6. If the delinquent officer wants to examine the Presenting Officer as a defence witness, there can be no objection in principle in accepting the request of the delinquent officer. Such a witness cannot, of course, function simultaneously as a Presenting Officer while deposing as a defence witness. But there can be no objection to his arguing the case at a later stage on behalf of the disciplinary authority. When the Presenting Officer is appearing as a defence witness, another officer can be appointed under Rule 14 (14) of the CCS (CCA) Rules, 1965 to cross-examine him as a defence witness

Production of fresh witness on behalf of the
Government servant (Paragraph 18)

Before the close of the case on his behalf, the Government servant may request for permission to produce a witness who was not included in the list of witnesses furnished by him vide para 3.1 (ii) above for tendering further oral evidence or producing any further documents and the Inquiry Officer may permit the production of such new witness if, in the opinion of the Inquiry Officer, it is necessary in the interest of justice. As stated in para 15 in relation to the production of fresh evidence on behalf of the disciplinary authority, such new witness on behalf of the Government servant will be permitted only if there is an inherent lacuna or defect in the evidence which had been produced originally and not to fill any gap in the evidence.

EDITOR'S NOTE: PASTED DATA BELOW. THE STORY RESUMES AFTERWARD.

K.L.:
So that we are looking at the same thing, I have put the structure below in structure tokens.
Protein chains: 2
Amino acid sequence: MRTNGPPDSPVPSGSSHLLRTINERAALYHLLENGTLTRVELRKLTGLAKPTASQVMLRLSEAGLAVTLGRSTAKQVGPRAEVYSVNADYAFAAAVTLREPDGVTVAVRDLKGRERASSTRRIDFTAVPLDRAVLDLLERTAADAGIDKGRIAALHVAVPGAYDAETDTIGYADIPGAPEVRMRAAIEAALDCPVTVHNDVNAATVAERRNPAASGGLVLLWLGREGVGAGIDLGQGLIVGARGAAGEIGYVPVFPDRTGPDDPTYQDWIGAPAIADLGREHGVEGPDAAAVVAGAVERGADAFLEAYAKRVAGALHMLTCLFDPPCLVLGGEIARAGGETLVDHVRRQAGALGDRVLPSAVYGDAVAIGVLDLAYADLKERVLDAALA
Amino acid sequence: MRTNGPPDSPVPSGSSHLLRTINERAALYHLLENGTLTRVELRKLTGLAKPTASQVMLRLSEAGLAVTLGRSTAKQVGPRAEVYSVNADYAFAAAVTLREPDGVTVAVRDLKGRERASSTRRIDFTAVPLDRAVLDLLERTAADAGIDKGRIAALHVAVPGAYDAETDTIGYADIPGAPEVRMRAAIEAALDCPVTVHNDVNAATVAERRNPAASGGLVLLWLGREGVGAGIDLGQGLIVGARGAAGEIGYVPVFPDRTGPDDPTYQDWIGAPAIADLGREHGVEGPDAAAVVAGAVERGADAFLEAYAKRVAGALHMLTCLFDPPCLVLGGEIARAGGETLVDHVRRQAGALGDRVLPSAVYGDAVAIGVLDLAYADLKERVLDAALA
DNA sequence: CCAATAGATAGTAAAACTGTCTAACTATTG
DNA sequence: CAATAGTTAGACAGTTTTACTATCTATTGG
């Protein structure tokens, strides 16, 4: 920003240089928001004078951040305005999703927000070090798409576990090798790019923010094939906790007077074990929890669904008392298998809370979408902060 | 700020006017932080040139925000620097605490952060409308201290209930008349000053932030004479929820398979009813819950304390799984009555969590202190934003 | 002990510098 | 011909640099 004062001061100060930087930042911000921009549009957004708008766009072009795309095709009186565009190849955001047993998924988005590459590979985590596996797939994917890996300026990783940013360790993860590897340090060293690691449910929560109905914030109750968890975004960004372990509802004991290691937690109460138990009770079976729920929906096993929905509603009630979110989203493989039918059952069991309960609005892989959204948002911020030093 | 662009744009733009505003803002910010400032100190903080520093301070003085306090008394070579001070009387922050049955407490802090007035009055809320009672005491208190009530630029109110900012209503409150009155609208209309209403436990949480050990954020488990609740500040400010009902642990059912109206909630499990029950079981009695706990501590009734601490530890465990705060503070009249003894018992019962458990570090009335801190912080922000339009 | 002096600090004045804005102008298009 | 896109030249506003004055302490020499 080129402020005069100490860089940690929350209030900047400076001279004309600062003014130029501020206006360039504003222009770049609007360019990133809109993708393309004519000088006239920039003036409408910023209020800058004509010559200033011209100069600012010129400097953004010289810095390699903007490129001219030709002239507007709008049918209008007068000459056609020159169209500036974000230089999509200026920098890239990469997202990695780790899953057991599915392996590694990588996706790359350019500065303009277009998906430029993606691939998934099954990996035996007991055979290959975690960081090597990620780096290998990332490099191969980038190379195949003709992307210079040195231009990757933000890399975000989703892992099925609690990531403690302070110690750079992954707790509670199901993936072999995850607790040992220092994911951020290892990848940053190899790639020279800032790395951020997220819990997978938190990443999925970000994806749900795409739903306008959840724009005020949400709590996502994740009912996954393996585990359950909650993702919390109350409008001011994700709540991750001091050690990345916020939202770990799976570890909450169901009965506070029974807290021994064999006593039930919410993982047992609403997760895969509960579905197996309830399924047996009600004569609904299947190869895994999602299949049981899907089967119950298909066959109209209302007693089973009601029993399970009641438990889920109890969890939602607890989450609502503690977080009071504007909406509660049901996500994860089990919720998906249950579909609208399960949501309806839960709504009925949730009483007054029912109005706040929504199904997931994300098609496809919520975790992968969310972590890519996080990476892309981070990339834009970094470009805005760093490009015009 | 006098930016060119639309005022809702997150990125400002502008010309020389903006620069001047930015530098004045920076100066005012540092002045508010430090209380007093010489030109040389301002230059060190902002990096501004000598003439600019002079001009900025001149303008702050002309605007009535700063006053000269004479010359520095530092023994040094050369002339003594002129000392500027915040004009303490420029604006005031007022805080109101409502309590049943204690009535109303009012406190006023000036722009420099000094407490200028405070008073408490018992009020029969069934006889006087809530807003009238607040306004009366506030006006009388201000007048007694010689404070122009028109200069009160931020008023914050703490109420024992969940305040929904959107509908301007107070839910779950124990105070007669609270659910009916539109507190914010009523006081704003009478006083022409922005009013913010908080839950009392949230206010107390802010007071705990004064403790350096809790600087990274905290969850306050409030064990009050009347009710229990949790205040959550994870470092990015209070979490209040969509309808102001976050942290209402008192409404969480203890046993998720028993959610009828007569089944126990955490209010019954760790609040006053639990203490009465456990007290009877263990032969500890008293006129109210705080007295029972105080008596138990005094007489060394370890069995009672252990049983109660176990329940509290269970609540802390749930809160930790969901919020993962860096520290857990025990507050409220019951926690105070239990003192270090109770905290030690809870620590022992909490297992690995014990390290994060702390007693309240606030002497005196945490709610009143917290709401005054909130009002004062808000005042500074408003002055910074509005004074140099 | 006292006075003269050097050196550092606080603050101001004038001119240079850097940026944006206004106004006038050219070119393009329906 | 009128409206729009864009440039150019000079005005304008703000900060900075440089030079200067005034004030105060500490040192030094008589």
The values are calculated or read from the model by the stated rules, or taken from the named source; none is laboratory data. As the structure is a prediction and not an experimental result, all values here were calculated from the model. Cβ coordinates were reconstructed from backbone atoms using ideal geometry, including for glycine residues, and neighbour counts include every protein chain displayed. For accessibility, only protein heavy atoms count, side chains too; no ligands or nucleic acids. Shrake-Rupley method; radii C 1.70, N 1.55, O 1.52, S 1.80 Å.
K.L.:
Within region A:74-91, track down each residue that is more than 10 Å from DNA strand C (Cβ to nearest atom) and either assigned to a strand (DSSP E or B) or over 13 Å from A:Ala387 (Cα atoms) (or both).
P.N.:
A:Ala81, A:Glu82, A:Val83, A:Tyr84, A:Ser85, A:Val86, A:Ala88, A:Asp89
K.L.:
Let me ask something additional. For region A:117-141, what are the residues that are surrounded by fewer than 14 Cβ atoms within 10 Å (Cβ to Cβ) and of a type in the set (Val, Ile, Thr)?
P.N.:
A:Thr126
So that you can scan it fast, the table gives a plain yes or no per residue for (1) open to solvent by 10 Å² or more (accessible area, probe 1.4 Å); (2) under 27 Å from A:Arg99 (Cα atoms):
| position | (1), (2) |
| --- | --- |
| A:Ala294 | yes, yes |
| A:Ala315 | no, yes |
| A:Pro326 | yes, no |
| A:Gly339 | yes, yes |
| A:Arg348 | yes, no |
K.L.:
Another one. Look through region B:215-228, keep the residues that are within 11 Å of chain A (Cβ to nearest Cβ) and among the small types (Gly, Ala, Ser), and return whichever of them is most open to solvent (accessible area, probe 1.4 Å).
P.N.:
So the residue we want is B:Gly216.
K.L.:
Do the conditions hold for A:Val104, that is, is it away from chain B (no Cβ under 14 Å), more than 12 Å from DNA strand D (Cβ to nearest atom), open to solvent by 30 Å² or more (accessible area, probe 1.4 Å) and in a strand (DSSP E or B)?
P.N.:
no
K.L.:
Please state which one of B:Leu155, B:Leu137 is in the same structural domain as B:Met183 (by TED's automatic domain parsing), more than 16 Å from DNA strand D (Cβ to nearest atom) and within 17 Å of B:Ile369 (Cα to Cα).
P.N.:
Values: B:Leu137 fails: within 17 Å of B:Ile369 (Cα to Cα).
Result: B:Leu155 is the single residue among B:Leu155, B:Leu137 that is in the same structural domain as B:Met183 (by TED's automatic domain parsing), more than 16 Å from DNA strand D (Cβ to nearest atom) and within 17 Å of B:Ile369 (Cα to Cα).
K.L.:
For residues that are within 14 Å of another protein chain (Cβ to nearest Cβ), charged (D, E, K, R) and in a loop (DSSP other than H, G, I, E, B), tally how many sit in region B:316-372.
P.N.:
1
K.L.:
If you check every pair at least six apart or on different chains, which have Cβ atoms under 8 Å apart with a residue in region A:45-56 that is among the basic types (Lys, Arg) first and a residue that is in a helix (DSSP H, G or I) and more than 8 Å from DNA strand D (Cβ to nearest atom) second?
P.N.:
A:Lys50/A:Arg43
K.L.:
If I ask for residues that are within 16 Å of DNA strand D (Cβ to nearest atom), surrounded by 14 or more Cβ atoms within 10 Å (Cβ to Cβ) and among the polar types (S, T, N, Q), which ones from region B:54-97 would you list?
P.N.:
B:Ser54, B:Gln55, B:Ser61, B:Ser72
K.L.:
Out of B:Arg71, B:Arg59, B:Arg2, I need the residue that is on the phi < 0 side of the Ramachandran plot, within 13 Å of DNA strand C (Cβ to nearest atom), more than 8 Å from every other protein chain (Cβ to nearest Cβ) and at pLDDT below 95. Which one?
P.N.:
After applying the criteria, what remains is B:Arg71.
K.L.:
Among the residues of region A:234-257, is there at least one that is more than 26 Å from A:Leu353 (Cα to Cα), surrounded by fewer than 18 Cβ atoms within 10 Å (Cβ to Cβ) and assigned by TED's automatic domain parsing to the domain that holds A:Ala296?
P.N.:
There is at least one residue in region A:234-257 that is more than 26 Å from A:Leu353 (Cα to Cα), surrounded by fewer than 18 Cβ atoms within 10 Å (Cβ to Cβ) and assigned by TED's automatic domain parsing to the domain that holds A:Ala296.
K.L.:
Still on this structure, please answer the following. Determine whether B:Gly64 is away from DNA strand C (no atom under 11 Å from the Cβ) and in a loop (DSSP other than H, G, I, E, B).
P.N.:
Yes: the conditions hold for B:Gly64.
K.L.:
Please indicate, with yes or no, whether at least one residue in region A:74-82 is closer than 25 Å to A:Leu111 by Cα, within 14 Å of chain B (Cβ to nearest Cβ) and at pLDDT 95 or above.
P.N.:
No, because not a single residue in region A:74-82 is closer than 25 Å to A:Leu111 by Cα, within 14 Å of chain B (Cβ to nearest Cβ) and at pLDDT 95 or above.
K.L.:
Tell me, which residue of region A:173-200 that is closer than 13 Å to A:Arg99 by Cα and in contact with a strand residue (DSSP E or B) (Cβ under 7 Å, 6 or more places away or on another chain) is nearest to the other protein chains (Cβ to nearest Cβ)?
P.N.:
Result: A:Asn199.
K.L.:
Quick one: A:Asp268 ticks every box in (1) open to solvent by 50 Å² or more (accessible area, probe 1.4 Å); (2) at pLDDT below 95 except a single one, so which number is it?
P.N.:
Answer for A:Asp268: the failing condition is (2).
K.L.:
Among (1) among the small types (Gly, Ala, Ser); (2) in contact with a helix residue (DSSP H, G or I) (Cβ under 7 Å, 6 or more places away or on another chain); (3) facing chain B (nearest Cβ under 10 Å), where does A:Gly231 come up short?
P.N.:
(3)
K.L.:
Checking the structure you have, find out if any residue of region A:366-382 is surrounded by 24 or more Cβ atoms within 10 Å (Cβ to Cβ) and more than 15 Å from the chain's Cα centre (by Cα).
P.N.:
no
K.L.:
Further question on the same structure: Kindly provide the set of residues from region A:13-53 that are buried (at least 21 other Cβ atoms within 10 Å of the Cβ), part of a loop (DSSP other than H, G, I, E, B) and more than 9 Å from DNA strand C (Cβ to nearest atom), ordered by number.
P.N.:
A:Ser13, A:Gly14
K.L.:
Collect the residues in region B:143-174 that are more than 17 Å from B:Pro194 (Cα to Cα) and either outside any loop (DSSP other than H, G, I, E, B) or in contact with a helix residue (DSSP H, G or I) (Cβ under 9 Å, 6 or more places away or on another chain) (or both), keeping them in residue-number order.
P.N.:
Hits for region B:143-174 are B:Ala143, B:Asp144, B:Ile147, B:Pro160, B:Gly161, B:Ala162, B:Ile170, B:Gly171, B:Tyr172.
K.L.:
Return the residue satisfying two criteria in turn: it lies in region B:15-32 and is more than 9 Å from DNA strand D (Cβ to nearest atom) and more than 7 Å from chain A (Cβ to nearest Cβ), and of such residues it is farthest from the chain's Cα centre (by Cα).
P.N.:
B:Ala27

Examination of the Government servant by the Inquiry Officer
after his case is closed (Paragraph 19)

It has already been indicated in para 17.3 that the Government servant can, if he so chooses, offer himself as a witness. If he is examined as a witness, it is for the Inquiry Officer to decide whether he should question him generally for the purpose of enabling him to explain any circumstances appearing in the evidence against him. But if the Government servant does not offer himself as a witness, the Inquiry Officer must question him generally for the purpose stated above. It may be noted that the Presenting Officer would not be entitledto examine the official at this stage.